And I think that's key. Everyone needs some fucking around time, where you can just try things, even if they don't seem at first likely to work. If they look promising you can then design 'proper' experiments to follow up. I think people don't experiment enough with their experiments.

  • drugmonkey says:

    There are also those for whom your post on "data sink" is laughably absurd, Namnezia, because their "experiments" take place not on the order of hours but rather on the order of weeks to months. Yes, everyone needs some screwing around, exploratory time but there also has to come a time to pinch it off and generate a useful story.

  • Beaker says:

    Before the experiment I imagine the best possible outcome (and its culmination in publication)--and that is what motivates me to put in the effort (or to motivate a trainee). Seldom do the results of any one experiment meet the expectations. But every once in a while they do, and that is the dopamine squirt we all crave. When it leads to the unexpected, even better.

    I did not mean my comment to be viewed through the lens of grantsmanship, where unexpected results are to be avoided and exist mainly as "pitfalls" in the eyes of the reviewers.

  • Alex says:

    Thinking about whether that next step will fit into the paper is fine, but also make sure you think about what steps would be necessary to falsify your results, and perhaps kill the paper. If you design the study to prove a point, you might just guarantee that you prove the point, which is not always the same as guaranteeing good science.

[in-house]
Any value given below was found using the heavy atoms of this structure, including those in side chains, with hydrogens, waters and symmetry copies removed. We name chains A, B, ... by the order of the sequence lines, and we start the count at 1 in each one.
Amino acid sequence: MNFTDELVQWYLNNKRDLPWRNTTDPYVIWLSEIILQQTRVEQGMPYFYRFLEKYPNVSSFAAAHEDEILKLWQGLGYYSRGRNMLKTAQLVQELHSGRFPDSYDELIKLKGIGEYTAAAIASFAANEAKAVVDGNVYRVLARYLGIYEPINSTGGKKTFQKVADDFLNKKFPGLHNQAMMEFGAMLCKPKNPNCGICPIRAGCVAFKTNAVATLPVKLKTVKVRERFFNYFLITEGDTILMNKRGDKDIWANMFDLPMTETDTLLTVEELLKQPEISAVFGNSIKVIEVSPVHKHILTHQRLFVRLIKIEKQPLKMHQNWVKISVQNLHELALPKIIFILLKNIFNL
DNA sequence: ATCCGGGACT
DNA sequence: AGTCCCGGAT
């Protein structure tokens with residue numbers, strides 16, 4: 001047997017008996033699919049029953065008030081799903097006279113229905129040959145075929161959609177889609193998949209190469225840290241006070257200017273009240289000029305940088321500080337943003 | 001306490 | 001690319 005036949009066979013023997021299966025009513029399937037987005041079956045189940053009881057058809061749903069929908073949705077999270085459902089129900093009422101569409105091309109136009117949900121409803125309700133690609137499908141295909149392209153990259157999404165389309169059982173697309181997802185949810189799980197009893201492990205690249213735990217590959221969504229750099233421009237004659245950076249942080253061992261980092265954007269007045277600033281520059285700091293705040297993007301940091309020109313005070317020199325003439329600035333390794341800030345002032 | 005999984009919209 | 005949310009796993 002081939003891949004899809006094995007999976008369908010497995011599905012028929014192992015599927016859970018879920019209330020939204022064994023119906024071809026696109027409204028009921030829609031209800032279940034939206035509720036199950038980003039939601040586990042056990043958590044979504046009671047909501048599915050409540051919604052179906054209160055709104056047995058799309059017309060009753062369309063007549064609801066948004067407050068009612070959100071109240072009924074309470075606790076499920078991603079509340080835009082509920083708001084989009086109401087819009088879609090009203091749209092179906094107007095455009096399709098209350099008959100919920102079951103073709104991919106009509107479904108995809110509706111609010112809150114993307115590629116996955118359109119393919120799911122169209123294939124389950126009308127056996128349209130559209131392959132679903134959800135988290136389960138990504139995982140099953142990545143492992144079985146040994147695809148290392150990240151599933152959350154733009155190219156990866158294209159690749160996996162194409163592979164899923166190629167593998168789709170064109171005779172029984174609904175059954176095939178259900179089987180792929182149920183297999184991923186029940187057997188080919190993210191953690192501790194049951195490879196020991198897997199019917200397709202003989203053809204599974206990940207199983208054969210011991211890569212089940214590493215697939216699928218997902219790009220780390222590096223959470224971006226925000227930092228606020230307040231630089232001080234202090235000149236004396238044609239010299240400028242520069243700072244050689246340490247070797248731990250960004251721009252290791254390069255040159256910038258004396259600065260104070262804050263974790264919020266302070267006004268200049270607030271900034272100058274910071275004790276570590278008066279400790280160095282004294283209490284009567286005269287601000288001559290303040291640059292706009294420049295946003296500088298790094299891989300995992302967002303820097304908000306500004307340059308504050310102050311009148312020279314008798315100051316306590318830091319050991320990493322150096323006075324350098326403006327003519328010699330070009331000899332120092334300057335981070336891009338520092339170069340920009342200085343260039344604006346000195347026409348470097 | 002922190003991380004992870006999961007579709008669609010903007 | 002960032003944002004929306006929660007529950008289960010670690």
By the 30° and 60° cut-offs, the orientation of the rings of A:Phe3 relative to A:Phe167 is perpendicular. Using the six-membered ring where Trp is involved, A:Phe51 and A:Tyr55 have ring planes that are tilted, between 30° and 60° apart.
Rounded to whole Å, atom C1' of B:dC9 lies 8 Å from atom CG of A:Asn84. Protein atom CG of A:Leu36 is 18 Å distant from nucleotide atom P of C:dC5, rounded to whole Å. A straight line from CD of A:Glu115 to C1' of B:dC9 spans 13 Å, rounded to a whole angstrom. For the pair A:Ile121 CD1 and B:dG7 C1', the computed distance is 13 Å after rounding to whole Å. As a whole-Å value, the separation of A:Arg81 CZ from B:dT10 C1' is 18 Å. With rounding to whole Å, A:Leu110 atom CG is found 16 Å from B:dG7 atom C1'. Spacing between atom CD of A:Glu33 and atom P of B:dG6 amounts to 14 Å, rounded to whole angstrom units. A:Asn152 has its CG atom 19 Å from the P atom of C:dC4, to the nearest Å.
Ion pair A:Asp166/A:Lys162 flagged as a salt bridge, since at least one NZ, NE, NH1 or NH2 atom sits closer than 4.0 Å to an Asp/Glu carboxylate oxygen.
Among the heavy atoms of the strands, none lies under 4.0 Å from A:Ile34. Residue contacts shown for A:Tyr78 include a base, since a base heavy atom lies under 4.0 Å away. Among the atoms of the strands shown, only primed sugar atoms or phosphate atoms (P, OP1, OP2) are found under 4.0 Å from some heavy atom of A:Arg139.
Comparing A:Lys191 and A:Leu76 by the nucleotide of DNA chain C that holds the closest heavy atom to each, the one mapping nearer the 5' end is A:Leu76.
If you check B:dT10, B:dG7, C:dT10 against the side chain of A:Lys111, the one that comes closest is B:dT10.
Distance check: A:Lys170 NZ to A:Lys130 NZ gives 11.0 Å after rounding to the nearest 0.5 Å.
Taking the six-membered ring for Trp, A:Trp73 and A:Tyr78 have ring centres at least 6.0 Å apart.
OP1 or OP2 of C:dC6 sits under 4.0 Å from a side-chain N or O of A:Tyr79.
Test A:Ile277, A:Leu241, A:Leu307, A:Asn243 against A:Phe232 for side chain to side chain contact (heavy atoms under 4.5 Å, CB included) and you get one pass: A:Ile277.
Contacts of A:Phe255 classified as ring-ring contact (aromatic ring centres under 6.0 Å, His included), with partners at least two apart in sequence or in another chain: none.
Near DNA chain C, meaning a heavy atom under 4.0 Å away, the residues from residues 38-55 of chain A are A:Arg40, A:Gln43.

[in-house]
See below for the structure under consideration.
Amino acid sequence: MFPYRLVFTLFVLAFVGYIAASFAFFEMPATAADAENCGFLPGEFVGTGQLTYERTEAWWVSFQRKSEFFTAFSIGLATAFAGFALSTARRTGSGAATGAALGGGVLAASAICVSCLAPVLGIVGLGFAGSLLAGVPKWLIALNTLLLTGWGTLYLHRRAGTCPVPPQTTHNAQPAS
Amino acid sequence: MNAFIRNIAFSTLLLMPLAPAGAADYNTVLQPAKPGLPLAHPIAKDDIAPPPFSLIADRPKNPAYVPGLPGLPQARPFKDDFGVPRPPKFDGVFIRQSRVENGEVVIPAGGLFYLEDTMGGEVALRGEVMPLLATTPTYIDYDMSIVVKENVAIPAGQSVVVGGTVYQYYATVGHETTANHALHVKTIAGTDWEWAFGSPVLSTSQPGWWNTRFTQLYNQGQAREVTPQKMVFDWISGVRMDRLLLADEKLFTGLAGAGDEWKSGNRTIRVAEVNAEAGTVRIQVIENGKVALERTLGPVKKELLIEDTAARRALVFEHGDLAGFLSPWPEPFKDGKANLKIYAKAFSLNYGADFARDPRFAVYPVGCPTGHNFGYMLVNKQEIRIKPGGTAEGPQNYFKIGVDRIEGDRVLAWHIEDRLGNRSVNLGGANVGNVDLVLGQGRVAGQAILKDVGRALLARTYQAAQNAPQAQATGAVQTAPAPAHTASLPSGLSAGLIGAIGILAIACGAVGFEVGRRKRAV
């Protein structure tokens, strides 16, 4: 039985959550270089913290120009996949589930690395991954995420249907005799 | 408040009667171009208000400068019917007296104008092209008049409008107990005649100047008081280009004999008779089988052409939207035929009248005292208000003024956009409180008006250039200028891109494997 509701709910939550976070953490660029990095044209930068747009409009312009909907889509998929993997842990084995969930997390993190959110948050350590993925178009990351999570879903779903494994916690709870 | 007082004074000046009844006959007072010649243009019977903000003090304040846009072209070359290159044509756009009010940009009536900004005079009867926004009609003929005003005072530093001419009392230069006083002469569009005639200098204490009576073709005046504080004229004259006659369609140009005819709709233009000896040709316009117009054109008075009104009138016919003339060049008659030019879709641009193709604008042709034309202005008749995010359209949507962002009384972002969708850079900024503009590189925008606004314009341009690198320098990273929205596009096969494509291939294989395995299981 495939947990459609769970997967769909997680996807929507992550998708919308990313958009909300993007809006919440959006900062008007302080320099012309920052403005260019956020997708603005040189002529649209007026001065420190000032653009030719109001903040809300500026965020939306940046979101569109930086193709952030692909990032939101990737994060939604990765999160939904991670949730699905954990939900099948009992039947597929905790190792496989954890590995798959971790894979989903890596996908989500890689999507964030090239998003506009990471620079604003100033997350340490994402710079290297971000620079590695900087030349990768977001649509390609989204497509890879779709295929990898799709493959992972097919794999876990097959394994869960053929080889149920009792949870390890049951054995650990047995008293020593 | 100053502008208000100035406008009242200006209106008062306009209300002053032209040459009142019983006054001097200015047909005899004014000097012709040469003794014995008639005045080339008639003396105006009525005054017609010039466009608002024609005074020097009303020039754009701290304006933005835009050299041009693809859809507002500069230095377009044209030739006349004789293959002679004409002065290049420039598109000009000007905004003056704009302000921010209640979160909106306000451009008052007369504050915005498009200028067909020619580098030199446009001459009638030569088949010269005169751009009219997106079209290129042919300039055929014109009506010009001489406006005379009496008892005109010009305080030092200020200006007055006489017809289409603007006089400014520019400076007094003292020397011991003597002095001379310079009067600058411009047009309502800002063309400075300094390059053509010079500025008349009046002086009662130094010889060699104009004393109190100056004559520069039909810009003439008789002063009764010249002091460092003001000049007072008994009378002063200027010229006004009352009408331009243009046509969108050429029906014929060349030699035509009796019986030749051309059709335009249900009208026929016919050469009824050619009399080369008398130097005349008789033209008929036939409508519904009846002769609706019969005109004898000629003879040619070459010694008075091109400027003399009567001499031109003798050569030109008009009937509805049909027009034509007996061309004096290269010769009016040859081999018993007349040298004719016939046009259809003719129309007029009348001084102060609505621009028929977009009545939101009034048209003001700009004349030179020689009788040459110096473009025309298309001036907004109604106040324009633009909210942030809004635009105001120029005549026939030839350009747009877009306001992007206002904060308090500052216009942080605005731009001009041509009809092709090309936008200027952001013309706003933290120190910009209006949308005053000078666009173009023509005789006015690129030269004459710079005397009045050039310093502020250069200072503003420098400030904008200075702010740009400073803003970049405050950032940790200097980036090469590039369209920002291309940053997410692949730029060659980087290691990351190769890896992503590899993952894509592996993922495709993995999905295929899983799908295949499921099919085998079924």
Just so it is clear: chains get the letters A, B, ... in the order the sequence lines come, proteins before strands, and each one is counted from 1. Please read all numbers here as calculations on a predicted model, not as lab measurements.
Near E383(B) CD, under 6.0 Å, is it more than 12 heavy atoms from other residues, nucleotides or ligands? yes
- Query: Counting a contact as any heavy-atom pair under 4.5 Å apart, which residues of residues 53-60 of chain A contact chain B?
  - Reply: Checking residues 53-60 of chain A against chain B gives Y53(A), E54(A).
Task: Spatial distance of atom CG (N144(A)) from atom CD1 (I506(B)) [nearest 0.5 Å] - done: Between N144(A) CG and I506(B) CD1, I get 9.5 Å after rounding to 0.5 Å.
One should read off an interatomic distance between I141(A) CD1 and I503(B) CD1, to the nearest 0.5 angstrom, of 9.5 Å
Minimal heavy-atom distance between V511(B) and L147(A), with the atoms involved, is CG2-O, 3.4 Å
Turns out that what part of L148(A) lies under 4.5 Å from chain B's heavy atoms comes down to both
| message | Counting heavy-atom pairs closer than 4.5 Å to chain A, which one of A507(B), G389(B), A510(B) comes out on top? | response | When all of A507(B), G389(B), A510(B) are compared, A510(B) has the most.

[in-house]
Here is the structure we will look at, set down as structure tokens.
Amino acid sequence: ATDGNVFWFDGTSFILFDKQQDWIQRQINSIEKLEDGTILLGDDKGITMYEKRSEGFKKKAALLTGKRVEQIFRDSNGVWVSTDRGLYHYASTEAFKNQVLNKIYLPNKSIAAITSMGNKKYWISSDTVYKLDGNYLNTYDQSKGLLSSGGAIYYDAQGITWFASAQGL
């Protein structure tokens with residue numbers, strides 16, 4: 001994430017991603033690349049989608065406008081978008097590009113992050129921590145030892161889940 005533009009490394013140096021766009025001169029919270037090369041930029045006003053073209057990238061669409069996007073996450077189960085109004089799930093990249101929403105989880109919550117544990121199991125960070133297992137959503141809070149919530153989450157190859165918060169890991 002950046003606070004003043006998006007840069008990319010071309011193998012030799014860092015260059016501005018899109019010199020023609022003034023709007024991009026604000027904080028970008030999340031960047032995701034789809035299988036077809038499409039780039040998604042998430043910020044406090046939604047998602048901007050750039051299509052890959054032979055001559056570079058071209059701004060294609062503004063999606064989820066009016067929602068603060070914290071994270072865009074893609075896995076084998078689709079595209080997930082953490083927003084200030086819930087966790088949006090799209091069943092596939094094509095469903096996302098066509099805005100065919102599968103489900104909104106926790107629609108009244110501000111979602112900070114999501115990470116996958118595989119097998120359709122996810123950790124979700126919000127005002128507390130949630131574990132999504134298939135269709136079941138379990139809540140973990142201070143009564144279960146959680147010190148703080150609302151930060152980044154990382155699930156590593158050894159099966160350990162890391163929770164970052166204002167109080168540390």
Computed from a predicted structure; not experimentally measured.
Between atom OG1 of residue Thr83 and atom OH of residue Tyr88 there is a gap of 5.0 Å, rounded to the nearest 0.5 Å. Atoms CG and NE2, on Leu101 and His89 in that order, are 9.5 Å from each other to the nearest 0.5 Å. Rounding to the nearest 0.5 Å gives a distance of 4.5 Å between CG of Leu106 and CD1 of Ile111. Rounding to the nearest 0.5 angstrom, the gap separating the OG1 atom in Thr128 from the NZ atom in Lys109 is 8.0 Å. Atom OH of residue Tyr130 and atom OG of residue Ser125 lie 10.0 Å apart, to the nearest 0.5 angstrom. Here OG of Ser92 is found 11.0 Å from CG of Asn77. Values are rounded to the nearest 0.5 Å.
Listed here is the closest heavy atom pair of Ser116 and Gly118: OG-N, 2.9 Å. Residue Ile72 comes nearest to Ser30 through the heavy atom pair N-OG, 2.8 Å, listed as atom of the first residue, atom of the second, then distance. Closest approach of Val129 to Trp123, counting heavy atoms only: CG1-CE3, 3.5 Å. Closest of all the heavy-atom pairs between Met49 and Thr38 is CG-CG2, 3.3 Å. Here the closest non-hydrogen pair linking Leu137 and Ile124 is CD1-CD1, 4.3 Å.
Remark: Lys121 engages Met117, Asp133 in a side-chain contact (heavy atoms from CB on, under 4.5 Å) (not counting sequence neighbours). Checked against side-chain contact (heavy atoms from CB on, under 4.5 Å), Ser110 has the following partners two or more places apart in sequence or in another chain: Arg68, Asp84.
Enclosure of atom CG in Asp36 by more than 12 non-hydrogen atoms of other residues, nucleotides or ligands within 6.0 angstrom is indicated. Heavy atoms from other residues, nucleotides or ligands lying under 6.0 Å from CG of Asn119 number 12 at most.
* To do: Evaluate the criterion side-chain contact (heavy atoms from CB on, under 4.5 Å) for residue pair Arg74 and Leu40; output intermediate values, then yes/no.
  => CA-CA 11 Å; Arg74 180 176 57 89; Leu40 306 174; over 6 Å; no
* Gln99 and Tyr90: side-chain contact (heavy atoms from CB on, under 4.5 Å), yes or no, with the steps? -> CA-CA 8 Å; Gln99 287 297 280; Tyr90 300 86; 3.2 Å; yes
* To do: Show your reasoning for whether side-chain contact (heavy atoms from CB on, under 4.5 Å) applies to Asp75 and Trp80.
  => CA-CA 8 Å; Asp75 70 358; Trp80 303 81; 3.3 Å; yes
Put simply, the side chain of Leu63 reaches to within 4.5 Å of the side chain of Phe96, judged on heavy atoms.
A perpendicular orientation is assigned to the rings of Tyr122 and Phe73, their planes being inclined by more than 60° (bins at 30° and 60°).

On the other side, design the study a bit more broadly than that if at all possible. We had a paper rejected because the reviewer said that we proved a very narrow point, and he'd consider the study more interesting in his eyes (we can discuss some other time whether he made the right subjective call on the significance of the paper and the appropriateness for the journal) if we proved a bigger point.

    So we went back, did some work to prove a bigger point...and discovered that there's a whole other dimension to all this that nobody anticipated and nobody has discussed previously in the literature. If we'd been thinking beyond the paper, we would have found this sooner, and gotten an even bigger and better paper out the door sooner.

    Kudos to that reviewer.

  • there also has to come a time to pinch it off

    Dude, I'll take sports analogies over defecation analogies any fucken day.

  • antipodean says:

    DM" "experiments" take place not on the order of hours but rather on the order of weeks to months"

    Try YEARS to complete a proper study in humans. In these cases you could write most of the paper before you started and then fill in the missing spaces once you have the data.

  • Confounding says:

    I was taught this very early on, and it is one of the things I must thank my mentors for. I've seen plenty of projects from my peers run aground with "Crap, how do we publish this thing we've been working on for two years"?

    I think the focus on framing dissertations in terms of n number of papers, rather than a magnum opus, is probably a good start.